Frederick Douglass: Freedom’s Force, by Melva Lawson Ware
Of the three books I read about Douglass’ life, this was the one that was the most complete and it is certainly an interesting and noteworthy one that is easy to appreciate. Among the most obvious aspects of this book to appreciate is that it covers a generally pretty complete account of the life of its subjects, and it includes areas most books do not (including his late-in-life second marriage to a white woman), which are both qualities that are definitely worthy of respect. The strong basis of this book with chronology gives an account that can provide genuine historical context to the reader, even if it does not contain material that is necessarily going to be flattering to Douglass’ family, including his use of nepotism to help his sons out given their difficulties in finding work without his support. This book is intended for middle readers who are willing to learn some unfamiliar vocabulary about life in the 19th century and it is certainly a book that wishes to explain as much as possible about the complexities of Douglass’ life as a slave as well as an anti-slavery speaker and political activist.
This book is more than 100 pages and is divided into ten chapters. The book begins with some glimpses into Douglass personal and family life (1), after which the author discusses the harsh world that Douglass found as an orphaned young man in slavery (2). The author discusses the pathway that he found to attempt freedom (3) as well as the fortune that he found in avoiding a cruel fate in recapture (4). The author discusses his quitting of the old life of slavery (5), and his new home, life, name, and friends in the Nroth and England as an antislavery leader (6). One chapter is devoted to talking about how Douglass spread the word for the abolitionist cause in the 1840’s (7) and then dealt with the explosive changes that took place between the Mexican War and the end of the Civil War (8), a period in which Douglass was a figure of considerable fame. After that, the book talks about the legacy of Lincoln in the civil rights that Douglass sought for blacks and women (9), and the period of his life marked by the burning of his house, the death of his first wife, and his marriage to a white woman in his dotage (10).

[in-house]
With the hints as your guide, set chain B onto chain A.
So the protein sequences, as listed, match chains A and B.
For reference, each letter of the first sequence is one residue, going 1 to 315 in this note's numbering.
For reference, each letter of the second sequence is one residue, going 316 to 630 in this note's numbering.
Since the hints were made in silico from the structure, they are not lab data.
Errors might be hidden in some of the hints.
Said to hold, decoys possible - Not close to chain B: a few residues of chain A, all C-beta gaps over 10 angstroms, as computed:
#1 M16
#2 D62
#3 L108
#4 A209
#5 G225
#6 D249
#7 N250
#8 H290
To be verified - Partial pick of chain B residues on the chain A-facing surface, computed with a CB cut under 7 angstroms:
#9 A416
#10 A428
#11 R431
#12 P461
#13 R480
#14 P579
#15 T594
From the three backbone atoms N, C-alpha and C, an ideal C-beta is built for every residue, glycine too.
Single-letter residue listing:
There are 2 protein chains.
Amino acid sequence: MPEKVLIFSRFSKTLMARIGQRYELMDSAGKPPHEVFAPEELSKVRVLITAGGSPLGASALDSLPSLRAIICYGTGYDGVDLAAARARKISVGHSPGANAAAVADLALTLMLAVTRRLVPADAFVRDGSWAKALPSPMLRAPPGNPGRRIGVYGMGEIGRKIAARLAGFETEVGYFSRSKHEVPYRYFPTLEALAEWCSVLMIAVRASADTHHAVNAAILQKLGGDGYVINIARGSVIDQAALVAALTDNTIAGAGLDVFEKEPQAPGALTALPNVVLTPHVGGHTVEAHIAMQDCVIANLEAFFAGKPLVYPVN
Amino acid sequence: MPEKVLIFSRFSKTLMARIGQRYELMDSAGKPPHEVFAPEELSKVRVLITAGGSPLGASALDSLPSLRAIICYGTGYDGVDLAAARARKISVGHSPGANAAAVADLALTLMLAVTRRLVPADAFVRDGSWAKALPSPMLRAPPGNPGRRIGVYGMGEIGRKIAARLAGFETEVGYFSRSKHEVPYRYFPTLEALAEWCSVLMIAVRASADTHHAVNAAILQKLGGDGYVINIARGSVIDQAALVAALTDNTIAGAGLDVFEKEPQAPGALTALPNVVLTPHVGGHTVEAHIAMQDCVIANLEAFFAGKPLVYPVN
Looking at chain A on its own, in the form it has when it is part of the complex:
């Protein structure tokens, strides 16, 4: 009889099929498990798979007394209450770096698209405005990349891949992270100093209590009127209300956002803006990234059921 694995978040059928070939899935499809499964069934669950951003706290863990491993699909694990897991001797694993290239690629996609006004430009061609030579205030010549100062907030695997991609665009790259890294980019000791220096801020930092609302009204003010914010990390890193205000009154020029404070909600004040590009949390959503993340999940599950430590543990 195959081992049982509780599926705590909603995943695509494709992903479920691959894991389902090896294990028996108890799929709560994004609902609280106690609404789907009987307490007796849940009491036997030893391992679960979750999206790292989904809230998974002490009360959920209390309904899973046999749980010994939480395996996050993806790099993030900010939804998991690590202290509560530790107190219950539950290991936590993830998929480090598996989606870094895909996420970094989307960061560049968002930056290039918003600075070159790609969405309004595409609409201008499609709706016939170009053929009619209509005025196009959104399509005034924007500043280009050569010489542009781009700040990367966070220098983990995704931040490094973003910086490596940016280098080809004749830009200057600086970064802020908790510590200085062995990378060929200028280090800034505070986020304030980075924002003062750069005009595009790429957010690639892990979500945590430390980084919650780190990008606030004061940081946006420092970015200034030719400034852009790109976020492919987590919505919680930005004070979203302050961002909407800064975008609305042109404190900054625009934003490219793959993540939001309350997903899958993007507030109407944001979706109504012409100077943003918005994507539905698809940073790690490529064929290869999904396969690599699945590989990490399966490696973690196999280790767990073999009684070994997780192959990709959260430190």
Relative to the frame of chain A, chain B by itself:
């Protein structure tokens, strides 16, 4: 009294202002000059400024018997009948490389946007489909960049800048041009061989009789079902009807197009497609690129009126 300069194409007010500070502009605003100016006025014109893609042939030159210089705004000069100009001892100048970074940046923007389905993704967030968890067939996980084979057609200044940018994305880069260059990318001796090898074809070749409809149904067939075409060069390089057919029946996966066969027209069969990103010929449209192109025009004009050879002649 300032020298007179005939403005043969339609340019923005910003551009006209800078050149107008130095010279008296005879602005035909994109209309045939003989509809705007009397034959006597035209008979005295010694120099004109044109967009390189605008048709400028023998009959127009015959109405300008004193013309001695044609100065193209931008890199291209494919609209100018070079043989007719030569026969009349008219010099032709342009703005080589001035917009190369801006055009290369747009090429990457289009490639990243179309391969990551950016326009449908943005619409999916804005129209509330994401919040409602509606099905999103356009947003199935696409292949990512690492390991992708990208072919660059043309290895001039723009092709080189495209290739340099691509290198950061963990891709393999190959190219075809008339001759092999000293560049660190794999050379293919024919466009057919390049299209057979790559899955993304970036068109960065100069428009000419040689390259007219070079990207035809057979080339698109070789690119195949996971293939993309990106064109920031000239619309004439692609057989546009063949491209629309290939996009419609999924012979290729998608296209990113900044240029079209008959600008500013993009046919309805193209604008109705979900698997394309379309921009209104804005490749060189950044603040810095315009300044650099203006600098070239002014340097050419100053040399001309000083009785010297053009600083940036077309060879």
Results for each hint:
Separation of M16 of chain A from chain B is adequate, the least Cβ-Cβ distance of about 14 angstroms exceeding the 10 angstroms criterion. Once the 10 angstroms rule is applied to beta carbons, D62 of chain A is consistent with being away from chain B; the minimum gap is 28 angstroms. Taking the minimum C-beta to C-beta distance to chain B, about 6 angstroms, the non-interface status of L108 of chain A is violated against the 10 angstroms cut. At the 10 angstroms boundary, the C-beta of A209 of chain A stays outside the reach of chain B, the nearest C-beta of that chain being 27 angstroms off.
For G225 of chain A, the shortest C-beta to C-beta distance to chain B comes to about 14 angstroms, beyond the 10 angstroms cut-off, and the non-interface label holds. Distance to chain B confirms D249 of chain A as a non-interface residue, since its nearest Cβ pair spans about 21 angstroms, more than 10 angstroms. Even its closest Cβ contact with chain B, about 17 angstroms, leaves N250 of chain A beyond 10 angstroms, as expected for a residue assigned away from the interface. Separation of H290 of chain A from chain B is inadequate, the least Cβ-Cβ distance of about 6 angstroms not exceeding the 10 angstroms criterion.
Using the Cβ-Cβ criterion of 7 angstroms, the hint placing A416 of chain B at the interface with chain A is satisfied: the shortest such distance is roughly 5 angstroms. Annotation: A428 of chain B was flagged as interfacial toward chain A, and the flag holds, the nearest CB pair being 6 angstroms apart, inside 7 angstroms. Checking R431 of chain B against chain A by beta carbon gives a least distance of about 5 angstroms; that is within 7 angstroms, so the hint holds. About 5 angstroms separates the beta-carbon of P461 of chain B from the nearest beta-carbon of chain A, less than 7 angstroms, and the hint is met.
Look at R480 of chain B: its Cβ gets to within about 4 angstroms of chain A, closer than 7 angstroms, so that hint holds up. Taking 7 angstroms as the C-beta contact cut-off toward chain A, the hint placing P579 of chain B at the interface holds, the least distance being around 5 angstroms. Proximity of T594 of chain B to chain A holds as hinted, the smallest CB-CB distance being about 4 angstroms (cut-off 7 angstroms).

Not all of what is mentioned here is something that is going to look positive to readers. In particular, the reader is invited to ponder the relationship between Douglass and his first wife and their periods of separation and the grief that was felt by his wife after the death of one of their children. Douglass’ relationship with his family is certainly ambiguous as well. Who was his white father and what was the relationship between that father and his enslaved mother, who appears to have been descended from West African Muslims named Belali? Why did Douglass not get to know about the death of his mother even though he was living in the same (albeit large) plantation with other relatives? How did those relatives take care of him? Did Douglass’ distant relationship with his birth family influence his own behavior as a family man? These and other questions are sparked by the book, including an apparent controversy over who paid for Douglass’ freedom and how much it cost, given those amounts and who paid for it are in dispute. These sort of historical disputes are interesting and they reveal the extent to which our view of historical subjects depends on their behavior in specific situations.